Carpentry is the bane of my artistic existence. I did it for years in the theater, both in college and NYC. And I worked for a special effects shop in NY, where I wired endless light boxes and such for TV show sets and Toy Fair (we made Barbie dance), and helped to build and install the Ann Hamilton show Whitecloth at the Aldrich Museum in Conn. So I know all about tools and materials, and how to use most of them, and I'm good enough at it. But I'm just not a perfectionist when it comes to carpentry. In fact, I'm kind of impatient - instead of waiting until I have all the right tools, I'll just do without and (for instance) cut wood using only my body weight to hold the piece down on the kitchen table, crossing my fingers that all my cuts end up basically matching.
This is part of why my Christmas Vice was a great gift - I'm slowly coming to terms with the fact that, even though I've left grad school and the fully appointed wood/metal shop I had access to there - along with the skills and guidance of both my thesis adviser (a darn excellent machinist) and the shop tech - my sculptures still often need expert looking woodwork, in order to be complete. With this in mind, and 4-6 wooden frames to build for wax and pith squares, I went to Home Depot last week, in search of better tools for the job. With the right motivation (hope of selling more work), and the right tools, I can at least act like a perfectionist.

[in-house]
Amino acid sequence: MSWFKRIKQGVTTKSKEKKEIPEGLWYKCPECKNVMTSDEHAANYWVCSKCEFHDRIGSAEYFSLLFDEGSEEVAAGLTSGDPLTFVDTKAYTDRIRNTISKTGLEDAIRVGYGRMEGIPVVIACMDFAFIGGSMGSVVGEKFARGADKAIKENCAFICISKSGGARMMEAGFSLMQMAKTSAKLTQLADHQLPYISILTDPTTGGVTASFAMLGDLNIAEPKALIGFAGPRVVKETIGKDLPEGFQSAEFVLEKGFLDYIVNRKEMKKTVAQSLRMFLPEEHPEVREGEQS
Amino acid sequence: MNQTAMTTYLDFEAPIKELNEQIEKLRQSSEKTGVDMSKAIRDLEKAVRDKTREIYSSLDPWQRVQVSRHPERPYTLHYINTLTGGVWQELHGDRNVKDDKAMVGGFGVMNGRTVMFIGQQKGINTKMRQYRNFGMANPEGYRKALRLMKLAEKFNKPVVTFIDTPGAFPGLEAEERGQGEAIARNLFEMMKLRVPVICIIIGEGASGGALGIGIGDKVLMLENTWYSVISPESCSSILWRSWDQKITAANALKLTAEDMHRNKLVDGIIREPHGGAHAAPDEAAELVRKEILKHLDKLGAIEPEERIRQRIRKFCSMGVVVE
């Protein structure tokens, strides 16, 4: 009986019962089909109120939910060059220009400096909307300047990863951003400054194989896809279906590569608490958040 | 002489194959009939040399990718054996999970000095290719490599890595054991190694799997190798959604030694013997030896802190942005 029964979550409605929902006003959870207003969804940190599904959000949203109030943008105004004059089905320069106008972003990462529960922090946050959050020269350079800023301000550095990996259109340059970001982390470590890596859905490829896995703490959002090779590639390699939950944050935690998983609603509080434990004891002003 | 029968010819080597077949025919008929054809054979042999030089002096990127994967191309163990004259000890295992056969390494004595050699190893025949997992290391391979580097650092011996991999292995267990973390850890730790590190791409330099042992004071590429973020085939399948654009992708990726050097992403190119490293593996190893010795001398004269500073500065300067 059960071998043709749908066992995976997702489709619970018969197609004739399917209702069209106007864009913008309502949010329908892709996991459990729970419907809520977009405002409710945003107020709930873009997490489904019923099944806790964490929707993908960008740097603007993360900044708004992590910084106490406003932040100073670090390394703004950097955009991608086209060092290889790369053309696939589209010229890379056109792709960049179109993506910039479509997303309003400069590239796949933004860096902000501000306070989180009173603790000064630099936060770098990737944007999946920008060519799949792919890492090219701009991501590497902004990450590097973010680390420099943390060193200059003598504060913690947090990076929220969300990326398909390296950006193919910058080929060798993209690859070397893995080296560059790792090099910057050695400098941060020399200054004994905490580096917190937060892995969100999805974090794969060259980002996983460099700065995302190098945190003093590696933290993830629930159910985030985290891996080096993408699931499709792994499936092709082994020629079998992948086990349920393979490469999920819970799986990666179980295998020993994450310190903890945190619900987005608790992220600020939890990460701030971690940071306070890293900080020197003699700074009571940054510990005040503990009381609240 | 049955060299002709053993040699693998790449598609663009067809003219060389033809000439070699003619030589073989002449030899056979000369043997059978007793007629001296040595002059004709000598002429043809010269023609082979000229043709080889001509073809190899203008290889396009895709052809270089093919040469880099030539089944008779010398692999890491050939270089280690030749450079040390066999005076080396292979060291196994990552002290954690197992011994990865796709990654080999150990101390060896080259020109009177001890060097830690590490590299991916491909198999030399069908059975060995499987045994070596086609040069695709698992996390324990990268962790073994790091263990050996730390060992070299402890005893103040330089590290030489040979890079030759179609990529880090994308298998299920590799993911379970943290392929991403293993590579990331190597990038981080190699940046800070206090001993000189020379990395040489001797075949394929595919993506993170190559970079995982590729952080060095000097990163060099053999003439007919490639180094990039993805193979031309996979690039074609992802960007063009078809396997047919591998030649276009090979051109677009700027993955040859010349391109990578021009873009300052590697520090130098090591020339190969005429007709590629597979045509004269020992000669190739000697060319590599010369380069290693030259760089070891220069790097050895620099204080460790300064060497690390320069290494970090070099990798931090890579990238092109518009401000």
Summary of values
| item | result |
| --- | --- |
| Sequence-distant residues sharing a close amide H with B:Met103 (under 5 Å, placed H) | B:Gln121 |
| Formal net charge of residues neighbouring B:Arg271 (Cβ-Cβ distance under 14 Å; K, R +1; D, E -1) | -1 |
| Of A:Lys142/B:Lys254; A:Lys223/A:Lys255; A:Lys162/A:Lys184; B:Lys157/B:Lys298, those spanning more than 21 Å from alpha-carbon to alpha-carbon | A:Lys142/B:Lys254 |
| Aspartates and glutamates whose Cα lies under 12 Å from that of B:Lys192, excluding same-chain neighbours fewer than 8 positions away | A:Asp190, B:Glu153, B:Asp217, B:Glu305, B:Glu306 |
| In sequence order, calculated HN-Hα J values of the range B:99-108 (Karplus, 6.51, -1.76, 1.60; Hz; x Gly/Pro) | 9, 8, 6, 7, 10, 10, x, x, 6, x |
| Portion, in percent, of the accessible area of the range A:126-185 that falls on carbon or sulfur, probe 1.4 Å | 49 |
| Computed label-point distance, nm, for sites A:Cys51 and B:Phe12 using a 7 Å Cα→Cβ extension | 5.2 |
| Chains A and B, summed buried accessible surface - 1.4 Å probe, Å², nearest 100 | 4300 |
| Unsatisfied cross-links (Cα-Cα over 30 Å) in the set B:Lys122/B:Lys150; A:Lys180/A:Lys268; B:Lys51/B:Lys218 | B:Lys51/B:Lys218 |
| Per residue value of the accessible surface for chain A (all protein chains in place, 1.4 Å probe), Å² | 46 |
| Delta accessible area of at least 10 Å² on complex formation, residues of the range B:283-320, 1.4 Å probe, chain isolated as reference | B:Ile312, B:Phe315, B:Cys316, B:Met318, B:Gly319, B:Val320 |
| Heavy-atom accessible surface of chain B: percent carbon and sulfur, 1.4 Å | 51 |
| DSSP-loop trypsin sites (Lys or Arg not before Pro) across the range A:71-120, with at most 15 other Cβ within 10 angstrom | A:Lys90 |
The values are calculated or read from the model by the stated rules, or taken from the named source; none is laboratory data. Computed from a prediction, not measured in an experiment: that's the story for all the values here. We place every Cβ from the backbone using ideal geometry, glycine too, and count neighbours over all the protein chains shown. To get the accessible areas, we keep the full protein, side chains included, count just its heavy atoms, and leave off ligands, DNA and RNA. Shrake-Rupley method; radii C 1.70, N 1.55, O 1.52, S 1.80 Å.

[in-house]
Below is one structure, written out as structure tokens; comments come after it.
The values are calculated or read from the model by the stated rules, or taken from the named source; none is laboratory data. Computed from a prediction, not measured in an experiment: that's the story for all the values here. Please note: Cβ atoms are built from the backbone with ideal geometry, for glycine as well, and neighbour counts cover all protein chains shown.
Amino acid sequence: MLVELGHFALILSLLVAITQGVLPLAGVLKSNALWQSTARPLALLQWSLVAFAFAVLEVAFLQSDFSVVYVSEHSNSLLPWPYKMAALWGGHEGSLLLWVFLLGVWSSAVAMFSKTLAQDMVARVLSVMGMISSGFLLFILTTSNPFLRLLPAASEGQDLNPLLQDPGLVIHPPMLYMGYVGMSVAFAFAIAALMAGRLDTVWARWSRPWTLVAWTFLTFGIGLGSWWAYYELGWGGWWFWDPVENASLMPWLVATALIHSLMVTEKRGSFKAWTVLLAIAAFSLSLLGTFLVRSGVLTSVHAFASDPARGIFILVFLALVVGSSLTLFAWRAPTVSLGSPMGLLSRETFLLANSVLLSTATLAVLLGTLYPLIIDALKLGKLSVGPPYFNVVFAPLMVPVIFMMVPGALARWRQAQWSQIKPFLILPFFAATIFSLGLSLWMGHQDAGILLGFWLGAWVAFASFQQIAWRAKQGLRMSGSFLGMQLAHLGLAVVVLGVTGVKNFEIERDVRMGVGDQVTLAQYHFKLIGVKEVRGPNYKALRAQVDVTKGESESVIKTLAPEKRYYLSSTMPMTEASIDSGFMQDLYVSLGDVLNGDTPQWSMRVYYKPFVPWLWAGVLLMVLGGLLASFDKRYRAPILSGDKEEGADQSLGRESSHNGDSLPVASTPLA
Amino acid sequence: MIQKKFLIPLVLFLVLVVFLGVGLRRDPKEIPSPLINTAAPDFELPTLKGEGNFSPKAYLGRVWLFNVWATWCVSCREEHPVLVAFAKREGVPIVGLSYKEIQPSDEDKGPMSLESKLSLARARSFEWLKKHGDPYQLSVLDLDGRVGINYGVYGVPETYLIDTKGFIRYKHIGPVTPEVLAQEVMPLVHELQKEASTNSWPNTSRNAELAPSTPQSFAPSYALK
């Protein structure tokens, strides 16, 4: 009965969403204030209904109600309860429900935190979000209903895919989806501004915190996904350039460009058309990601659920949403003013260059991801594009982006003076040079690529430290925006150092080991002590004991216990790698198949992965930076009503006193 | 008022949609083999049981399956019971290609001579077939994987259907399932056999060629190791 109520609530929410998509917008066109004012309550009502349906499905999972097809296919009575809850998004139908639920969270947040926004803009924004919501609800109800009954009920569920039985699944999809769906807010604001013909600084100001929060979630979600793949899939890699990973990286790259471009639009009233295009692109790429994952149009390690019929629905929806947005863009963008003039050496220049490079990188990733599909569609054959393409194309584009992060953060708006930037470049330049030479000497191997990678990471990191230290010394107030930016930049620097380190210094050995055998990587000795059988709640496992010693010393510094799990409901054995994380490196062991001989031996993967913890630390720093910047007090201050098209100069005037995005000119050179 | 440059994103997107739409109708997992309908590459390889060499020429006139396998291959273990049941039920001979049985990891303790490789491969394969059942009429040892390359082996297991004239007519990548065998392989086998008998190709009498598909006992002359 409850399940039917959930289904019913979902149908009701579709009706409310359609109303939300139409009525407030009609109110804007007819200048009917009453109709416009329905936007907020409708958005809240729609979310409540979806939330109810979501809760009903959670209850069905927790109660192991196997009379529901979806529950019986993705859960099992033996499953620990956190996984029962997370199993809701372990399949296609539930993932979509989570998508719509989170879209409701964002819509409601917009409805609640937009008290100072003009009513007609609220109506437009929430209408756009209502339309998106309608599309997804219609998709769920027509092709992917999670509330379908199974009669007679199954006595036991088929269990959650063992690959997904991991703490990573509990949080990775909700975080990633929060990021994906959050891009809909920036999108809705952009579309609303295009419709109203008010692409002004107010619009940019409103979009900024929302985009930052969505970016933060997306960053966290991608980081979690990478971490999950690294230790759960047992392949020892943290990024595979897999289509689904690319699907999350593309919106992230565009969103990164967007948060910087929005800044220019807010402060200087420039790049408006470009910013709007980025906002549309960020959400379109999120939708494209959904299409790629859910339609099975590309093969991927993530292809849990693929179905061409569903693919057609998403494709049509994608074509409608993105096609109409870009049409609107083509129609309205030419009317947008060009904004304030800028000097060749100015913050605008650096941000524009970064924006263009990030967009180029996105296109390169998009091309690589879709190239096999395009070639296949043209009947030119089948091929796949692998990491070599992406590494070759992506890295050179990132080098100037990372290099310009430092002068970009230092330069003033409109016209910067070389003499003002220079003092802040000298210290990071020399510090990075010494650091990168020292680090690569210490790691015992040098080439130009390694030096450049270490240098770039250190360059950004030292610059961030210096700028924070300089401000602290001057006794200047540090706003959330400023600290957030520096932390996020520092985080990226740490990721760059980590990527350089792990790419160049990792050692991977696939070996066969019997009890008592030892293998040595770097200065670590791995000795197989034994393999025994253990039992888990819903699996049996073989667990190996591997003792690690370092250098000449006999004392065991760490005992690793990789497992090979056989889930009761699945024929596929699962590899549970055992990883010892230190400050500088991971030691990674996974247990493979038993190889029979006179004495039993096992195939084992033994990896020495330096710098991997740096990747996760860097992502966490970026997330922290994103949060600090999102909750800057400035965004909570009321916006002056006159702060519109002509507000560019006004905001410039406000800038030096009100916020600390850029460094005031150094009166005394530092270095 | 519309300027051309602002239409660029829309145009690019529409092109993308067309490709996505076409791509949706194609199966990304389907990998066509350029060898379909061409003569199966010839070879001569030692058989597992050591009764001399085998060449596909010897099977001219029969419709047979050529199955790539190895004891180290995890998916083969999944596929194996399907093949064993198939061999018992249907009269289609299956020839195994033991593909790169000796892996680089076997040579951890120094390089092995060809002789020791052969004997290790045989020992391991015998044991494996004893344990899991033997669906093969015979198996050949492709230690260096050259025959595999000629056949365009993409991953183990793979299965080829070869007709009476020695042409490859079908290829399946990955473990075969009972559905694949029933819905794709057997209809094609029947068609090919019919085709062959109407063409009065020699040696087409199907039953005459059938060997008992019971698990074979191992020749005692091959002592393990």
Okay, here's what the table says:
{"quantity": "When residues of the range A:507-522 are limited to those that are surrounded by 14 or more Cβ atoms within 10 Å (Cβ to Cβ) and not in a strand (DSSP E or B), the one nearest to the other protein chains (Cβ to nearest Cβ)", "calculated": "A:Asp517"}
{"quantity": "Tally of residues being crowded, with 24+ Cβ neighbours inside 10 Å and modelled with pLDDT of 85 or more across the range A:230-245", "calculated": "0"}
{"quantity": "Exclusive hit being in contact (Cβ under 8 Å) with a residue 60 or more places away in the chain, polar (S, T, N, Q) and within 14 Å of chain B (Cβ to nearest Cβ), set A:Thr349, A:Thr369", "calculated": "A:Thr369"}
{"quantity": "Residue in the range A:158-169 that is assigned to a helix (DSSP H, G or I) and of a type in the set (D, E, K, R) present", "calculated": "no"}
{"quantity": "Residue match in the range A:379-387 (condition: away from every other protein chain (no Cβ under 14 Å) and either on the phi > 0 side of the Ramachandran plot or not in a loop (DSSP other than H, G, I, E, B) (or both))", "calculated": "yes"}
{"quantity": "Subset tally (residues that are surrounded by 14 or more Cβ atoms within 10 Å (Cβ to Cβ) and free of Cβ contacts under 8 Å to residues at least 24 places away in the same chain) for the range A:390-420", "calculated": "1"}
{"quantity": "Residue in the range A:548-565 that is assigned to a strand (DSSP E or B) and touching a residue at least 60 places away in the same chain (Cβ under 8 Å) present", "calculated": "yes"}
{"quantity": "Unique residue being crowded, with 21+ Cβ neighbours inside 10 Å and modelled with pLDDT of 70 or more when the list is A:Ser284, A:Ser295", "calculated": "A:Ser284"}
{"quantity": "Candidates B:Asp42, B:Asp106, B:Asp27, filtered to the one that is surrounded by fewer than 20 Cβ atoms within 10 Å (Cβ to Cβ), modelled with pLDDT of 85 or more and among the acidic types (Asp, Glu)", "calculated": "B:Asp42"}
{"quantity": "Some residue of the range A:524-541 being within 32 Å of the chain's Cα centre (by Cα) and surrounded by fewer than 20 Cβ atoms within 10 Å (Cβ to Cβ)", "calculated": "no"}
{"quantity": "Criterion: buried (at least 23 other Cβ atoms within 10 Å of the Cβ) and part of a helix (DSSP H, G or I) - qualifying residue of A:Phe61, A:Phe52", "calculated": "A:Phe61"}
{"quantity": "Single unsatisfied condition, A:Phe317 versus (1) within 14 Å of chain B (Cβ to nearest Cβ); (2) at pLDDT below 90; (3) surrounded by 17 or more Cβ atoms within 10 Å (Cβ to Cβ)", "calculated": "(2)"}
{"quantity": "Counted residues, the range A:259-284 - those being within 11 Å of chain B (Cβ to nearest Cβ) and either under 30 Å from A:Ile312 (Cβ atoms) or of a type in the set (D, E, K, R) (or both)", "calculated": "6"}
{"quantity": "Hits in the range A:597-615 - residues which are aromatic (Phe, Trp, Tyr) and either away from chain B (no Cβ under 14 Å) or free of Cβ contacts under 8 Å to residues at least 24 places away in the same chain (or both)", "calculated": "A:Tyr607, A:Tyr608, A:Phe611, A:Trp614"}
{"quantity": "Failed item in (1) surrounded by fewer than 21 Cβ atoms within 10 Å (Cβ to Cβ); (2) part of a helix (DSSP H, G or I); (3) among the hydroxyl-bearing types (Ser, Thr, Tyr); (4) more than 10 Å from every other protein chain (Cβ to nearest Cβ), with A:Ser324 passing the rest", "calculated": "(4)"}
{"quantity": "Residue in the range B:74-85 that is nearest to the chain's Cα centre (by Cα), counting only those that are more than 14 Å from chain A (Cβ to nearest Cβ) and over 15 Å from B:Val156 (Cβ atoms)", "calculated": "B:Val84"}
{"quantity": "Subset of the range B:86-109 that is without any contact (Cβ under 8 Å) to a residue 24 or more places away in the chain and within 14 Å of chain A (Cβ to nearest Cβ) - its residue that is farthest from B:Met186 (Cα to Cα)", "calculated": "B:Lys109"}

So I bought this thing (second picture), which allows me to hold two pieces of wood together at an angle, for joining (third picture). And I bought a bunch of spring clips (bottom of first picture), for helping to hold stuff down when I'm cutting and drilling. And I bought new cutting bits for my Dremmel, which are what I used to cut these channels (fourth picture) along the inside of this frame. I'm hoping that the channels will help secure the wax sheets to the inner edges of the frames, because so far I've found the wax detaches from the frames after a few days. I also drilled holes through the frame (also fourth picture), in the hopes of creating a grid of invisible thread, which will help with the wax's stability.